Yet again we got lost driving through Sheffield city centre on our way home to Doncaster - I think this has happened every time.

Thursday, July 13, 2017

A Bit Of Boatspotting At Sprotbrough

One of my regular runs out to Sprotbrough, concentrating on photographing the boats today; as usual I went in the car with my support worker Marshall...Sprotbrough is easy to reach on the bus though - it only takes fifteen minutes from the bus station.

After sitting in the car and eating our sandwiches because all of the benches were taken by members of a walking group we arrived at the lock just in time to see a barge from Leeds passing through.

Nearby, and right next to the towpath, a swan was making a nest.

The Wyre Lady was moored in its usual place; it's the large blue and white boat on the left in the photograph. It does weekend cruises up to Conisbrough and can be hired out as a party boat. The red boats are all dredgers.

The next photograph features the 'Sapphire,'  one of the boats owned by Yorkshire Narrow Boats, based at Sprotbrough; their other boat the 'Emerald' is slightly smaller...and I've rarely seen it on the river.

On our way home we called at the supermarkets on Barnsley Road and York Road. At Aldi I had to take a photograph of this, both myself and Marshall have never come across this term before and looked on the shelves if we could work out what 'Swimming Noodles' might be.

I do know now what they are though - here's a link to the Google Images search result page:

Saturday, July 8, 2017

Clarborough, South Wheatley, Sturton le Steeple, Fenton, North Leverton with Habblesthorpe, Welham, and Retford

The drivers, or conductors, on Northern Trains were on strike today so there were fewer trains than usual going to Sheffield - so that's a good enough reason for me to have chosen a walk that means just travelling on buses.

I caught the service number 99 to Retford and then only had ten minutes to wait for the number 97 and the short journey to Clarborough.

I got off the bus and walked down Church Lane, arriving at the church a few minutes later.

The route of the footpath across the fields towards the Trent Valley Way was difficult for me to find, and I actually went the wrong way, going about a mile and a quarter further than I'd planned. The path was quite overgrown in places with nettles, thistles, and brambles and wasn't signposted at all; there were just difficult-to-see kissing gates along the way. I didn't really mind about the extra distance though because I ended up quite high up with some lovely views.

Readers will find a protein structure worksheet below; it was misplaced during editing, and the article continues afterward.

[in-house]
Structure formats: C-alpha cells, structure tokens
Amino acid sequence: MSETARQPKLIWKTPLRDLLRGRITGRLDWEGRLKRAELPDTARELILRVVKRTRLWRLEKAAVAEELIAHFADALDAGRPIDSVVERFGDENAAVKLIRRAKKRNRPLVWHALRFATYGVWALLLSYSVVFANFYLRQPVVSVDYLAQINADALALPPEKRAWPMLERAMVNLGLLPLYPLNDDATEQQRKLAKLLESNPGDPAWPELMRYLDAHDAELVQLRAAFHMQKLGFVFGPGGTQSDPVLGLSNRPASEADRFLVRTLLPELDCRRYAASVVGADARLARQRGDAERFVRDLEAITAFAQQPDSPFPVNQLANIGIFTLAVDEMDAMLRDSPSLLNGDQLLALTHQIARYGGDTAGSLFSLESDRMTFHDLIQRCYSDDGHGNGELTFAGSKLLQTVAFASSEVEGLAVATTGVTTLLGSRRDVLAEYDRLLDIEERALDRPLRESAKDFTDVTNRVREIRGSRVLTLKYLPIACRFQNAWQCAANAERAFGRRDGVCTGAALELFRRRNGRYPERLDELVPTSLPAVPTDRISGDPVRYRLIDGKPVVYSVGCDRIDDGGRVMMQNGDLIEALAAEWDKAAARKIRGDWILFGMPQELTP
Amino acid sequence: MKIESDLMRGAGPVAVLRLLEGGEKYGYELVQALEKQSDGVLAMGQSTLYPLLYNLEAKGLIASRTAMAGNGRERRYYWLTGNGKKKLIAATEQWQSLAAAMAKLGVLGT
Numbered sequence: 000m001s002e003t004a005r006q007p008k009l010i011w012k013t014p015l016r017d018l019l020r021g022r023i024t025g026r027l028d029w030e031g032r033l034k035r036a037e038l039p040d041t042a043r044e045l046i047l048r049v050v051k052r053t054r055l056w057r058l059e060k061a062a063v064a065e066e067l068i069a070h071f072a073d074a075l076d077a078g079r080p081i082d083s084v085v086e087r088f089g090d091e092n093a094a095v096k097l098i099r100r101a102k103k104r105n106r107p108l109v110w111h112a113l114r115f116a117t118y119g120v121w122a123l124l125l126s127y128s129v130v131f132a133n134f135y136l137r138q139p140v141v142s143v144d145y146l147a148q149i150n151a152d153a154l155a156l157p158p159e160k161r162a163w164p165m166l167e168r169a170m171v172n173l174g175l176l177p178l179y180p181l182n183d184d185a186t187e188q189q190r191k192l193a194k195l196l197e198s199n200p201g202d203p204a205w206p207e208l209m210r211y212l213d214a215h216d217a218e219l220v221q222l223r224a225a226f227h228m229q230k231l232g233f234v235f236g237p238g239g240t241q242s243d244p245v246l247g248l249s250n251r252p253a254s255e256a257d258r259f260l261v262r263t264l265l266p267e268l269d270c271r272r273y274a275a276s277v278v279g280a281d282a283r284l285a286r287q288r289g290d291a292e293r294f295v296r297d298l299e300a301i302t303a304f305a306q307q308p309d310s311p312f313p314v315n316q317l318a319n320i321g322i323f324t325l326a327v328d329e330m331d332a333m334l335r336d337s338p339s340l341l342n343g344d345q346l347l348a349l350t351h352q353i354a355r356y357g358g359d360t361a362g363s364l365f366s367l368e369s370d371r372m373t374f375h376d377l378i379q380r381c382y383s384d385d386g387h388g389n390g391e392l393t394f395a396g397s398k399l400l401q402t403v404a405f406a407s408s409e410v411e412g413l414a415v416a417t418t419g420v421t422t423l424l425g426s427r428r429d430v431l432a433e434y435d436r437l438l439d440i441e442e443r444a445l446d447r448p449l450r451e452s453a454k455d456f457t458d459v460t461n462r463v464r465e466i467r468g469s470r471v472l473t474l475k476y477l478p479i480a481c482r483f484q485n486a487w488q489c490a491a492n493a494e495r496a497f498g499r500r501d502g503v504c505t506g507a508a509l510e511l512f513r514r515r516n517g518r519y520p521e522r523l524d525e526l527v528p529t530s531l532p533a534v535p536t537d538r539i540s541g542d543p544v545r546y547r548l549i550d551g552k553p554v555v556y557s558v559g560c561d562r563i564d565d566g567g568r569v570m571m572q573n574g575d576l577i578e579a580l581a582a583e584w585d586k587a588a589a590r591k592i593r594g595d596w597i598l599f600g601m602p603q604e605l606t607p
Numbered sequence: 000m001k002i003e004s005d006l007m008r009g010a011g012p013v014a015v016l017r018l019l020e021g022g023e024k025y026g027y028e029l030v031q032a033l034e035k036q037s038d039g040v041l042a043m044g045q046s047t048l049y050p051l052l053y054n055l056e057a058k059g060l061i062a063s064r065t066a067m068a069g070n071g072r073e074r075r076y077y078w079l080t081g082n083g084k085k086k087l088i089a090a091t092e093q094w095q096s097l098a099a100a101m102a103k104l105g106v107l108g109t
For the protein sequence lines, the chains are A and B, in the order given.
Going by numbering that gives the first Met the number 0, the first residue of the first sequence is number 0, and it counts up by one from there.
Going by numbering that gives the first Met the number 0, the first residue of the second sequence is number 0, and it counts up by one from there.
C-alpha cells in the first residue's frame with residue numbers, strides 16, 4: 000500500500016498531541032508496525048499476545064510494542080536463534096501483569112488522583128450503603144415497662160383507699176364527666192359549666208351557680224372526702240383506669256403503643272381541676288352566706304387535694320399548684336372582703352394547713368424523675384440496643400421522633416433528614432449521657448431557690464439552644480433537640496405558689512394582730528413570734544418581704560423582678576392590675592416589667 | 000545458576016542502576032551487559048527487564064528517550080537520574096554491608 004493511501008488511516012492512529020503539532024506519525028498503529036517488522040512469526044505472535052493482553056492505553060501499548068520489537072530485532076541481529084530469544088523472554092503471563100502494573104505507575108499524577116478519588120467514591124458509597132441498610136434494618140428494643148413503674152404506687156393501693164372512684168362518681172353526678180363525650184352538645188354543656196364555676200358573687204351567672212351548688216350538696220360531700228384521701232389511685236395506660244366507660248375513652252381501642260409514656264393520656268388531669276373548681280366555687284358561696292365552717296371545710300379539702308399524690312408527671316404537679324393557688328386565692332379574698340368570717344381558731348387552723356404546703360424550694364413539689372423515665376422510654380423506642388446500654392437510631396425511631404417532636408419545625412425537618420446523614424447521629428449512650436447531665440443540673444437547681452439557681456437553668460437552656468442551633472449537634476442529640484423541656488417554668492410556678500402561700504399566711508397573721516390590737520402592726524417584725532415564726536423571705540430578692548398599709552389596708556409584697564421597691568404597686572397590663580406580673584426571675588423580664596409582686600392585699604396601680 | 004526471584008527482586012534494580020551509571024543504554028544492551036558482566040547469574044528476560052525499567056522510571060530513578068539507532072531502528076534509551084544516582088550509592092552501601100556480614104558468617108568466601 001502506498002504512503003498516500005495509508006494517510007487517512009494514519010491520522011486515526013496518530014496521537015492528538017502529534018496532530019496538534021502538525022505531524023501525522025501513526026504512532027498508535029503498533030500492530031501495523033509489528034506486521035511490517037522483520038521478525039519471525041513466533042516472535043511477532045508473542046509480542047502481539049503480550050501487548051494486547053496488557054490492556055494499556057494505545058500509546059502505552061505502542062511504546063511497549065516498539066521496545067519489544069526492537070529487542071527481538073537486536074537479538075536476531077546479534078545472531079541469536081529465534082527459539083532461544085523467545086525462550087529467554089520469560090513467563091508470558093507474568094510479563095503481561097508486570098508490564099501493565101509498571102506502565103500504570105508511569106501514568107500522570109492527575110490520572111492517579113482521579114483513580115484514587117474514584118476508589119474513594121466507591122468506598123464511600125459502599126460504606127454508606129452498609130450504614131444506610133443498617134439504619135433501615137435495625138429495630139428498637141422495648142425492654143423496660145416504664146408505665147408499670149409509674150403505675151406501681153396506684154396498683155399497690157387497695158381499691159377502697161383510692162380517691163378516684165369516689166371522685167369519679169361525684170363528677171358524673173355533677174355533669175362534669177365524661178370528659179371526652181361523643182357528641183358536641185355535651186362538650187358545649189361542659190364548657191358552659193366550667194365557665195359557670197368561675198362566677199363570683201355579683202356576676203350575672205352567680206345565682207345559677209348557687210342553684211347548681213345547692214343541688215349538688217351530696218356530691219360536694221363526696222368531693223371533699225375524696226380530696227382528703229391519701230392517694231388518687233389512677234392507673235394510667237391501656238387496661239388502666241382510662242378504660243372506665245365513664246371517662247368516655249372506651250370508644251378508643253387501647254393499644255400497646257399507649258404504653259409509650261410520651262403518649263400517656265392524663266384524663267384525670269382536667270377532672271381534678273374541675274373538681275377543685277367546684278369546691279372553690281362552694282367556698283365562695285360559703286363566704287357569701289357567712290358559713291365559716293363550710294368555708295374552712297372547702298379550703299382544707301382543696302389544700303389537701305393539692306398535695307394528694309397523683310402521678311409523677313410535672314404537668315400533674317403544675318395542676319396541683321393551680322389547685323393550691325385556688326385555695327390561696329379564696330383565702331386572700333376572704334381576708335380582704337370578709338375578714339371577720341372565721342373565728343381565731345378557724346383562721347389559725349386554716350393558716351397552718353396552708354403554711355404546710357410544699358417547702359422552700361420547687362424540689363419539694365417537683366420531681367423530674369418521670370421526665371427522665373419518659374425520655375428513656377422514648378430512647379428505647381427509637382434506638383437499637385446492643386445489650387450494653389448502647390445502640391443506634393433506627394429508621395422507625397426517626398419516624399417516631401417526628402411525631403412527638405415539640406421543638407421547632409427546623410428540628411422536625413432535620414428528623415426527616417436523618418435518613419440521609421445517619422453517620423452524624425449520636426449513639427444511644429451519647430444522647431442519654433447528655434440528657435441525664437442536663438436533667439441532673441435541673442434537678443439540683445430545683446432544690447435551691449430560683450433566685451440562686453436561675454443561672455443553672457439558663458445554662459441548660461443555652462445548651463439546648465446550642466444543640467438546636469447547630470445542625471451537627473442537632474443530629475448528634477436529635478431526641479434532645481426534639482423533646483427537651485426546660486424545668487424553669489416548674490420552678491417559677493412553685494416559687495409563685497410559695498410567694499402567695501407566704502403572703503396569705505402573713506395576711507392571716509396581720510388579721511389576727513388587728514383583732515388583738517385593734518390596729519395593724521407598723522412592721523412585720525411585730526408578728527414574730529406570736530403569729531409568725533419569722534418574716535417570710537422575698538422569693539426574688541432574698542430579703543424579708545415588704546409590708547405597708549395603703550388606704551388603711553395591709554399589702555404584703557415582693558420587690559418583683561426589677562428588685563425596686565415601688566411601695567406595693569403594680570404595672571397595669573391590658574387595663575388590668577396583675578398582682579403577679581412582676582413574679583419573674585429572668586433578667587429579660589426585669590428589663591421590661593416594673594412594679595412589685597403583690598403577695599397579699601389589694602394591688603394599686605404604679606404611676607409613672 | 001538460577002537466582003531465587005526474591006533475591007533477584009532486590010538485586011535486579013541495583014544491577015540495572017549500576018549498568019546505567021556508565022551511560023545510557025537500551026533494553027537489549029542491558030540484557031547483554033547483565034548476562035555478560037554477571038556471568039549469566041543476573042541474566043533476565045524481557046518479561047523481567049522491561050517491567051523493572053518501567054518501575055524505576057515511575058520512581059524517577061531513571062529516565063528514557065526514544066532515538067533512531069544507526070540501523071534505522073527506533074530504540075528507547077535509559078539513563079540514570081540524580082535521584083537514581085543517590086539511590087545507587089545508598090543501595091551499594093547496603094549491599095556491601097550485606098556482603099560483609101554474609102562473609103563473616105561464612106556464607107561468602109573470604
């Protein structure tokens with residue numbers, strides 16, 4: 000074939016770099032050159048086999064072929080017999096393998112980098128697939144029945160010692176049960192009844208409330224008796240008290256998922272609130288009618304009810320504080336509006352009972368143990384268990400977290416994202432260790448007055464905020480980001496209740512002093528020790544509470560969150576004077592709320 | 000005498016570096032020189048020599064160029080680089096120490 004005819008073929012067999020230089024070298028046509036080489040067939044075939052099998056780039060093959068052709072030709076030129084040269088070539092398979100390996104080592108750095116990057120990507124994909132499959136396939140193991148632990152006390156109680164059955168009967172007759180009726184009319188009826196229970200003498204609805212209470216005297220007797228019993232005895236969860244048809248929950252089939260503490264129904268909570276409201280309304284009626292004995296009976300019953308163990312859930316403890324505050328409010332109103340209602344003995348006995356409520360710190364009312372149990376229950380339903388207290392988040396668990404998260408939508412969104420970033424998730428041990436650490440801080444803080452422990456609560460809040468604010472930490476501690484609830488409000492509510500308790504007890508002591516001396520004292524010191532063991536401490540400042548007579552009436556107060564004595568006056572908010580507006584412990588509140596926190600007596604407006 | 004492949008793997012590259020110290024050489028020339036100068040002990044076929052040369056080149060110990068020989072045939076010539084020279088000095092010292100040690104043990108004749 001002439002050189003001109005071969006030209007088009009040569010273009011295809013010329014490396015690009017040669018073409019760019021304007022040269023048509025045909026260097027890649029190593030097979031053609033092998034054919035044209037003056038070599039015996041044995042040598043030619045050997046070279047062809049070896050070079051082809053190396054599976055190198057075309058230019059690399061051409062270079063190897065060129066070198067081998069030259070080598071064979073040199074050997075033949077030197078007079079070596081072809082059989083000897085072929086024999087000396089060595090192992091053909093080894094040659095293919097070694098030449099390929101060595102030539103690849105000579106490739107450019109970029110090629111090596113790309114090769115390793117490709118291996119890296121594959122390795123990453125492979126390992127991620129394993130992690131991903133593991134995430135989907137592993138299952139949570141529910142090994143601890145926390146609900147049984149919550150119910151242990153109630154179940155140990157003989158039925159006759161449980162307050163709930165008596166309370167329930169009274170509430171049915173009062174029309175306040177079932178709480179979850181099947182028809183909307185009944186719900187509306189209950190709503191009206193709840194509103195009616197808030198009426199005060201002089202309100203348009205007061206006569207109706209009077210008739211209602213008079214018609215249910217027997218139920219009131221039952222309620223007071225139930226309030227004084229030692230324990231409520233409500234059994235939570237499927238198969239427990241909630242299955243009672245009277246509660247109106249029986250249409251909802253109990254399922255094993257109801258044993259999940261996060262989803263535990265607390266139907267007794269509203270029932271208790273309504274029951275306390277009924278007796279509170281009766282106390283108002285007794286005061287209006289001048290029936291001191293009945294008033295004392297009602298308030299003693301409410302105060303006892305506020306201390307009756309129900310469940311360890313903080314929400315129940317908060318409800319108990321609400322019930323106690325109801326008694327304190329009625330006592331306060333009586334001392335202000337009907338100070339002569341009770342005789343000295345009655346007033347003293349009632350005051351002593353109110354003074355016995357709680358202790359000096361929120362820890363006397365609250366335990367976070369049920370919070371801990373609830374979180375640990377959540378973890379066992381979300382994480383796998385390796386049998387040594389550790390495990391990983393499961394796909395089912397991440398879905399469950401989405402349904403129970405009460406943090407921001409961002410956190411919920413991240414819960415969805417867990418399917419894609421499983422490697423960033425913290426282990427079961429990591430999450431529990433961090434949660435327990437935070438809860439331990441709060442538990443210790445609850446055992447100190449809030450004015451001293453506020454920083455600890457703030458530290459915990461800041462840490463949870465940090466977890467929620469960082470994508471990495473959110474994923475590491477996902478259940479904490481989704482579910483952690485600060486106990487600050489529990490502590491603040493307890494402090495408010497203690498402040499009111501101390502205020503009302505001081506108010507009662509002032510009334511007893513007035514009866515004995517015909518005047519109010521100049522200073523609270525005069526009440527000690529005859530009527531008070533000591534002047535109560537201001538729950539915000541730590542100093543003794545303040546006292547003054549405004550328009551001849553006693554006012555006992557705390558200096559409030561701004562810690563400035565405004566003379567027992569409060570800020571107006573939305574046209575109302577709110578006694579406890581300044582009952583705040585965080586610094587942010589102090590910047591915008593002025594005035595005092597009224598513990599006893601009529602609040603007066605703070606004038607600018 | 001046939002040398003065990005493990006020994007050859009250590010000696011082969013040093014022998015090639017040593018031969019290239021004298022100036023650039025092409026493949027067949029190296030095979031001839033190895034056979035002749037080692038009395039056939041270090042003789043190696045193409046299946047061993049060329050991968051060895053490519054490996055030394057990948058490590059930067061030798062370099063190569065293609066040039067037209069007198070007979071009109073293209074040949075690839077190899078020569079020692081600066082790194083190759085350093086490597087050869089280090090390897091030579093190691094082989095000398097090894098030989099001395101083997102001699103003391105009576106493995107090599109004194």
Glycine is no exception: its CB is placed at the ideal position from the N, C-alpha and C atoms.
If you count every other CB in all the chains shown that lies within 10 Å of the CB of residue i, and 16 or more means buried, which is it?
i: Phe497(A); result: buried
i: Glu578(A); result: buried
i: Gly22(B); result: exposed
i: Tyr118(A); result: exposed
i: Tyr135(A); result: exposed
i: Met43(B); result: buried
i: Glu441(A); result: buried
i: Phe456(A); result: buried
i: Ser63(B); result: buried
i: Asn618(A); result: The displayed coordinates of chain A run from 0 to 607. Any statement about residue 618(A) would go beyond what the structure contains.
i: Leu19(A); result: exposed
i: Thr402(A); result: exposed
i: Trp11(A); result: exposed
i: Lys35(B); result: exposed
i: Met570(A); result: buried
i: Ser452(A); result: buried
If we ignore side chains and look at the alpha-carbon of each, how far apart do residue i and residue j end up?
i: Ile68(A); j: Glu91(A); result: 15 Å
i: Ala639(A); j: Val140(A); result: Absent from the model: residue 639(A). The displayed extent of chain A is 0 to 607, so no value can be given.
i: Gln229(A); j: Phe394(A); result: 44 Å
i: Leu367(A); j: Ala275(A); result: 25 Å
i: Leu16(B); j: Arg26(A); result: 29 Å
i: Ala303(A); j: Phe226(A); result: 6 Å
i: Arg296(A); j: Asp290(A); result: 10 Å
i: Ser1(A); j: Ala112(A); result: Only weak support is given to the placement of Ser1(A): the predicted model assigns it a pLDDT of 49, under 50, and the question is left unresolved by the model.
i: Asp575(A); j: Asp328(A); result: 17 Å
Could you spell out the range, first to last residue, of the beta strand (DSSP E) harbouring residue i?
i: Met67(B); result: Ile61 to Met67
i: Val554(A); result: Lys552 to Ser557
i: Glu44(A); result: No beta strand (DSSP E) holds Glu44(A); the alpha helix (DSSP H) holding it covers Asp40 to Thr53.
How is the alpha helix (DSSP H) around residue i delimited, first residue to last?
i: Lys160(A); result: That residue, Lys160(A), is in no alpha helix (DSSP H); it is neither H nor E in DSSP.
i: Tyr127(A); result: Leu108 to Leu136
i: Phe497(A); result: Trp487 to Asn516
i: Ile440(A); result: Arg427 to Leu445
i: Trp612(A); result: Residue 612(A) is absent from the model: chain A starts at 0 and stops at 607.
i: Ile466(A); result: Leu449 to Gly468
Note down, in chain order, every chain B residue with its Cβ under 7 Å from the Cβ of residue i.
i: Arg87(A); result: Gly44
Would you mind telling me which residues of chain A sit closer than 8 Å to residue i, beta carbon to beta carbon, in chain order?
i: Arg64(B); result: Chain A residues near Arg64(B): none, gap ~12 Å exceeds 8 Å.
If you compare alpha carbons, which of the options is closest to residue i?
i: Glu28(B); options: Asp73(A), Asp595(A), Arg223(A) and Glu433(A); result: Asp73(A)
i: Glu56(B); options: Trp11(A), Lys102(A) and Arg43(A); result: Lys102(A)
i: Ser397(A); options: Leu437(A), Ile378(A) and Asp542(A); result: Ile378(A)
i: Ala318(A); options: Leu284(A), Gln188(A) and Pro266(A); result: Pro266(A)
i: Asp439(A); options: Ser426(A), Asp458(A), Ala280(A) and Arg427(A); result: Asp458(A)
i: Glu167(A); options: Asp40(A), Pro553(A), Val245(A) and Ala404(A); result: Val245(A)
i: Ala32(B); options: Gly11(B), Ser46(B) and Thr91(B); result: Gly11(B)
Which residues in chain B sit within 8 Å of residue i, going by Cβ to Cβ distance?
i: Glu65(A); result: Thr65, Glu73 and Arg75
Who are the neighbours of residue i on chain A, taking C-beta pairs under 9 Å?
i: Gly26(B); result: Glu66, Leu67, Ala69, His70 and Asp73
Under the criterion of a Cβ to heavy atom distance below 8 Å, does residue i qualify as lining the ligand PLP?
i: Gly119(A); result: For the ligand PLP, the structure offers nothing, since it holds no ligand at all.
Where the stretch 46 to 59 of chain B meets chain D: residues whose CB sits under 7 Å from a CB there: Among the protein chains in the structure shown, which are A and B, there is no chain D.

As I entered South Wheatley I immediately turned right and headed for the ruined church, where I ate my sandwiches sitting on a bench in the well-maintained churchyard.

There's a footpath which runs alongside the churchyard and according to the map heads straight for the still active church at North Wheatley at the top of the hill. I followed the path across a field but couldn't find any way out, even after a complete I returned to the road and headed off in the direction of Sturton le Steeple. As I left South Wheatley I took a photograph of the village's welcome sign, as I always do when I'm entering or leaving a village in Nottinghamshire. I really like these signs, and have photographed quite a few now - the ones for each village are unique and feature something associated with the place, either historic or cultural. I added three more to my collection today.

I chose to take one of the footpaths across the fields to Sturton le Steeple; I wish I hadn't though because just after I'd crossed the railway line which leads to West Burton Power Station I found myself needing to walk through a field of impenetrable rapeseed. I chickened out and walked around the edge, which was still difficult enough - somehow I reached the road without too much trouble, although my clothes were covered in seeds, insects and pieces of whatever vegetation had stuck to me.

Despite the name of the village being 'Sturton le Steeple' the church actually has a tower, not a steeple...although it is quite unusual and has some features which are maybe more like a steeple.

I popped in to The Reindeer pub across the road from the church and ordered a pint of Diet Pepsi; at only £1.20 it was the least I've paid for a very long time. Cheers!

I took the footpath across the fields to the next village, North Leverton with Habblesthorpe, which is the longest official place name in England, and the second longest in Europe...only beaten by Llanfair­pwllgwyngyll­gogery­chwyrn­drobwll­llan­tysilio­gogo­goch in Wales.

It's only a short walk along the lane to North Leverton Windmill, which was turning as I passed and took some photographs.

I continued to head due west across a variety of landscapes until I reached one of the back streets of Welham and then a lane which led to the outskirts of Retford, from where I caught my bus back to Doncaster, from the Market Place.